Harder Practice Leads to Better Performance

Topic(s): job performance, learning, training
Publication: Journal of Applied Psychology (2013)
Article: Learner-controlled practice difficulty in the training of a complex task: Cognitive and motivational mechanisms
Authors: Michael G. Hughes, Eric Anthony Day, Xiaoqian Wang, Matthew J. Schuelke, Matthew L. Arsenault, Lauren N. Harkrider, and Olivia D. Cooper
Reviewed by: Scott Charles Sitrin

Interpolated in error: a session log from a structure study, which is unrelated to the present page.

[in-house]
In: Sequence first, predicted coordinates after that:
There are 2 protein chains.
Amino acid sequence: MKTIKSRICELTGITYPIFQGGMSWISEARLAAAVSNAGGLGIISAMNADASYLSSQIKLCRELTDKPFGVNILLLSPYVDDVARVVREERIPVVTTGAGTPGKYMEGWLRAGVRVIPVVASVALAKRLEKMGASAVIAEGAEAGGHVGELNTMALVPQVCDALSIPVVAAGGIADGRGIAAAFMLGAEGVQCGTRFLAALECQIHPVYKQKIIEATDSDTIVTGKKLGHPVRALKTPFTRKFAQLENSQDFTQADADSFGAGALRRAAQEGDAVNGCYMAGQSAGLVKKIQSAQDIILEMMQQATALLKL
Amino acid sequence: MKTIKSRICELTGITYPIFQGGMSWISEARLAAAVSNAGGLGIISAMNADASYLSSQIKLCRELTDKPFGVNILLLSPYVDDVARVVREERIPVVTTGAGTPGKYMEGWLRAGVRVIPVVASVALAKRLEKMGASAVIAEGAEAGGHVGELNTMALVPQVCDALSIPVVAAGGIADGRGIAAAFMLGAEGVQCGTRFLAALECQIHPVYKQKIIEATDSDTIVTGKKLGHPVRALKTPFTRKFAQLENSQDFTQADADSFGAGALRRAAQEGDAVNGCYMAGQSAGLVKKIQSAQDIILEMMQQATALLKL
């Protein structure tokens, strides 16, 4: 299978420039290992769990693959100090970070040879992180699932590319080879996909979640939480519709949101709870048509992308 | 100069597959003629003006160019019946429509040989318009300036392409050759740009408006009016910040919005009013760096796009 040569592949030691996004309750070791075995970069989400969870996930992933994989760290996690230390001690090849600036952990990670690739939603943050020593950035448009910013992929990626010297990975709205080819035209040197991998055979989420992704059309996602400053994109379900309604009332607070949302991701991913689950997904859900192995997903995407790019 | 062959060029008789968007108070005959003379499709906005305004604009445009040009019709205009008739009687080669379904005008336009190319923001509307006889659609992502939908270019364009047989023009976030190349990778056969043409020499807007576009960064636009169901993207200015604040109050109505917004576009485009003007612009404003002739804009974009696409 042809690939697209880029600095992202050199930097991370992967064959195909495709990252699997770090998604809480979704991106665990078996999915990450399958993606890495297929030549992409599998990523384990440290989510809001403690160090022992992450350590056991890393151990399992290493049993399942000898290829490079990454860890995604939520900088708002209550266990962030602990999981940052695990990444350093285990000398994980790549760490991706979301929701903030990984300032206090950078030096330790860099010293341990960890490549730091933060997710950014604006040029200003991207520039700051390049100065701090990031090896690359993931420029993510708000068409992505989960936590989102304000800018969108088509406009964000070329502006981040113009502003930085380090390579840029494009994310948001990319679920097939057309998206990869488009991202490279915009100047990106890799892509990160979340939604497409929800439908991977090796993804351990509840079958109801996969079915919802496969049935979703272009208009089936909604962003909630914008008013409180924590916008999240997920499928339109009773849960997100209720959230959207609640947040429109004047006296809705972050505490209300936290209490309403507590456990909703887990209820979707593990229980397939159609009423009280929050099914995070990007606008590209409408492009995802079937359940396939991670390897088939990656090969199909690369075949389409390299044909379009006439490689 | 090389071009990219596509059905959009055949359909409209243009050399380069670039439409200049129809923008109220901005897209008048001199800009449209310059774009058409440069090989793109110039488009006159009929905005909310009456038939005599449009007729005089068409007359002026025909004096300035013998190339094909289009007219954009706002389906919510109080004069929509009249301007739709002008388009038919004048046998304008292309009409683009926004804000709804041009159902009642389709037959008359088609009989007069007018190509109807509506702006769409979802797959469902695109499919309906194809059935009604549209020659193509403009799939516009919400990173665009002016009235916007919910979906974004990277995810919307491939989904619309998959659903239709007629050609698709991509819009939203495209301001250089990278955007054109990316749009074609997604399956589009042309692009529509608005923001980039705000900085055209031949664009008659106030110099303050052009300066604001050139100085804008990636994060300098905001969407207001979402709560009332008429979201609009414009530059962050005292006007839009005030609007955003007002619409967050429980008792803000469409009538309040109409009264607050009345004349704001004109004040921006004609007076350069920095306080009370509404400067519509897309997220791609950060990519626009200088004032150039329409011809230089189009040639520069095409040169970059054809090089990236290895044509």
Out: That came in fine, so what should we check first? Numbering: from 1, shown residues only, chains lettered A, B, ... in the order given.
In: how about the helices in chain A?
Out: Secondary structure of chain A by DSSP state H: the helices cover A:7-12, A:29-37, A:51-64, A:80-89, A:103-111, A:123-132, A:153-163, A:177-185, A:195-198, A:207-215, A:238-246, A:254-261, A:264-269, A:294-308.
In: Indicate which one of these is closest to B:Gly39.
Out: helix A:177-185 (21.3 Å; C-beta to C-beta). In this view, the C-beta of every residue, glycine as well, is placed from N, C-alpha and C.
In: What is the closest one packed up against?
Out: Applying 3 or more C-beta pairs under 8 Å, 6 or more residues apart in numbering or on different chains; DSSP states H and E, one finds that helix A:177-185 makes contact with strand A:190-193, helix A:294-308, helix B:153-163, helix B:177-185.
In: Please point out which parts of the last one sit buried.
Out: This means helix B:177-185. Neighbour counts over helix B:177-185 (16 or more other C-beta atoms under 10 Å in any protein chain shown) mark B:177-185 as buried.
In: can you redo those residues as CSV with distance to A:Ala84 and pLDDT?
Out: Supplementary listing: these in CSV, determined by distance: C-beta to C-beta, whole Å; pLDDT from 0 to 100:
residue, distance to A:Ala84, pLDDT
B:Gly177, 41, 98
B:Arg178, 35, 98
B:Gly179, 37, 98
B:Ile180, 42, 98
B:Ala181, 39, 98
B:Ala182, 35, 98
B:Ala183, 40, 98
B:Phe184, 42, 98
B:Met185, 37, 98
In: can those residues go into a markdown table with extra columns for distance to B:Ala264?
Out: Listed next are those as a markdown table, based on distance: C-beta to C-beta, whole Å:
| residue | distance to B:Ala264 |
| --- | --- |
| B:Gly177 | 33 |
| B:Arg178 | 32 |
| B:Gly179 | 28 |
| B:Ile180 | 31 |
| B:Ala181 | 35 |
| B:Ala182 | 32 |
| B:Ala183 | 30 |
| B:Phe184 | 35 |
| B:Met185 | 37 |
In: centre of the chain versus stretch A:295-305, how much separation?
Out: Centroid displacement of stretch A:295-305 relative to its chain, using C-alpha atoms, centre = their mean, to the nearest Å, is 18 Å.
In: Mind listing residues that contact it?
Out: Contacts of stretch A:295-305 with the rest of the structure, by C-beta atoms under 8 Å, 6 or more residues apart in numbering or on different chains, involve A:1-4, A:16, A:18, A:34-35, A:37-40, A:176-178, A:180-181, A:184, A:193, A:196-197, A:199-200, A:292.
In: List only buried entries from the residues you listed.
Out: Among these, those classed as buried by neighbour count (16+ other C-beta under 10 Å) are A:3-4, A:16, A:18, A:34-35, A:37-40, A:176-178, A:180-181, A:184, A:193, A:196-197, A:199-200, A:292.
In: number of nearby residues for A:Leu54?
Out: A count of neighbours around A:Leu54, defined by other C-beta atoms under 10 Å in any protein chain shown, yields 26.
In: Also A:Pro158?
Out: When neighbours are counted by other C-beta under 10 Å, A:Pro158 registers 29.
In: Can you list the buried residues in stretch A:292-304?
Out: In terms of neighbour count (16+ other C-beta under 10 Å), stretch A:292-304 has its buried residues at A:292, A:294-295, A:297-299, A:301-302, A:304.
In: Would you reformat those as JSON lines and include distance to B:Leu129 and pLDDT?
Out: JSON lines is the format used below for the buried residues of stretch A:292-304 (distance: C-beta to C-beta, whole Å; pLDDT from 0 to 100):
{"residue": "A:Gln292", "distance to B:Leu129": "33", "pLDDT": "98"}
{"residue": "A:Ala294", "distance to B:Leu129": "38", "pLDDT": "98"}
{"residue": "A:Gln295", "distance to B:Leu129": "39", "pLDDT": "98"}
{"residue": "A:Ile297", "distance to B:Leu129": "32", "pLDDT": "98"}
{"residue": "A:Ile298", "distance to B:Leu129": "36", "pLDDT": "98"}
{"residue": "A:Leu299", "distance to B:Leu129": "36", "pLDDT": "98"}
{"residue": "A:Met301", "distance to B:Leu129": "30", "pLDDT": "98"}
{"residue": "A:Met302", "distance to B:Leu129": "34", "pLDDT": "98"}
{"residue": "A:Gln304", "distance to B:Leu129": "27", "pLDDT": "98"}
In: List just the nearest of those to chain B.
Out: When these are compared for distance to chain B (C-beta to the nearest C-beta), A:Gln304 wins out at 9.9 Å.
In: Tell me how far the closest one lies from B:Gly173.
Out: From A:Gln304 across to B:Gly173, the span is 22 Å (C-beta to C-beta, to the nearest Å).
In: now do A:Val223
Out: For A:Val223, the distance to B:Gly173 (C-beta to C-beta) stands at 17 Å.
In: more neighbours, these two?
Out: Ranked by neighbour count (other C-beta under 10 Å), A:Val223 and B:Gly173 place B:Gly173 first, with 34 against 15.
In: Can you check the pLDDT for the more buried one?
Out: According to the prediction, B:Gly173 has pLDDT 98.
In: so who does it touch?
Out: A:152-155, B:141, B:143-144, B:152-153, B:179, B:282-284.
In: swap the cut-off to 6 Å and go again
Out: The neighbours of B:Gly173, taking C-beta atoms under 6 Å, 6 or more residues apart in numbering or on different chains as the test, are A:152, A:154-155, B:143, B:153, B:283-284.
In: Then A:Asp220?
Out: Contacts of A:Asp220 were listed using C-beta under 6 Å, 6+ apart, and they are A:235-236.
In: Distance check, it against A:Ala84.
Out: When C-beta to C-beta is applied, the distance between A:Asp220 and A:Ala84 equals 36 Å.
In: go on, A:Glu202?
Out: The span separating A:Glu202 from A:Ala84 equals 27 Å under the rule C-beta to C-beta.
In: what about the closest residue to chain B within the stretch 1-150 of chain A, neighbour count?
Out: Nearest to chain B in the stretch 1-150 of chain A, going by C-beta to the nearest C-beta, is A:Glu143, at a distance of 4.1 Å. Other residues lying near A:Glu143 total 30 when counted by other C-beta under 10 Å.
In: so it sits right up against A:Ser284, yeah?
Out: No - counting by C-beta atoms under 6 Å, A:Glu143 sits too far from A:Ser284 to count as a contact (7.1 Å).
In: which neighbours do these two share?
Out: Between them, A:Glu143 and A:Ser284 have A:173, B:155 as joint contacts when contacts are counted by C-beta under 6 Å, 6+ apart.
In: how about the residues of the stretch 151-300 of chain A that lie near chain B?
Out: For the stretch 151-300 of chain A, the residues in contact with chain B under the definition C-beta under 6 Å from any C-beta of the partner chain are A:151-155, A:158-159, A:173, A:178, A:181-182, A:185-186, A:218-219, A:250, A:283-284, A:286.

The intensity and difficulty of practice relates to job performance. This finding was empirically supported by a recent study. Research participants were learning how to play a video game; those who chose difficult practice sessions tended to play the video game at a higher level than those who chose easier practice sessions. Further, the researchers give us insight into who was likely to select difficult types of practices: those who were smart, had prior video-game experience, were self-confident, and were told that making errors is an essential part of learning were more likely to choose to engage in difficult types of practice. Some of these factors are out of our control, but not all. These findings give us greater insight into how to help in-person and virtual learners out there get the most out of their practice – and therefore, performance.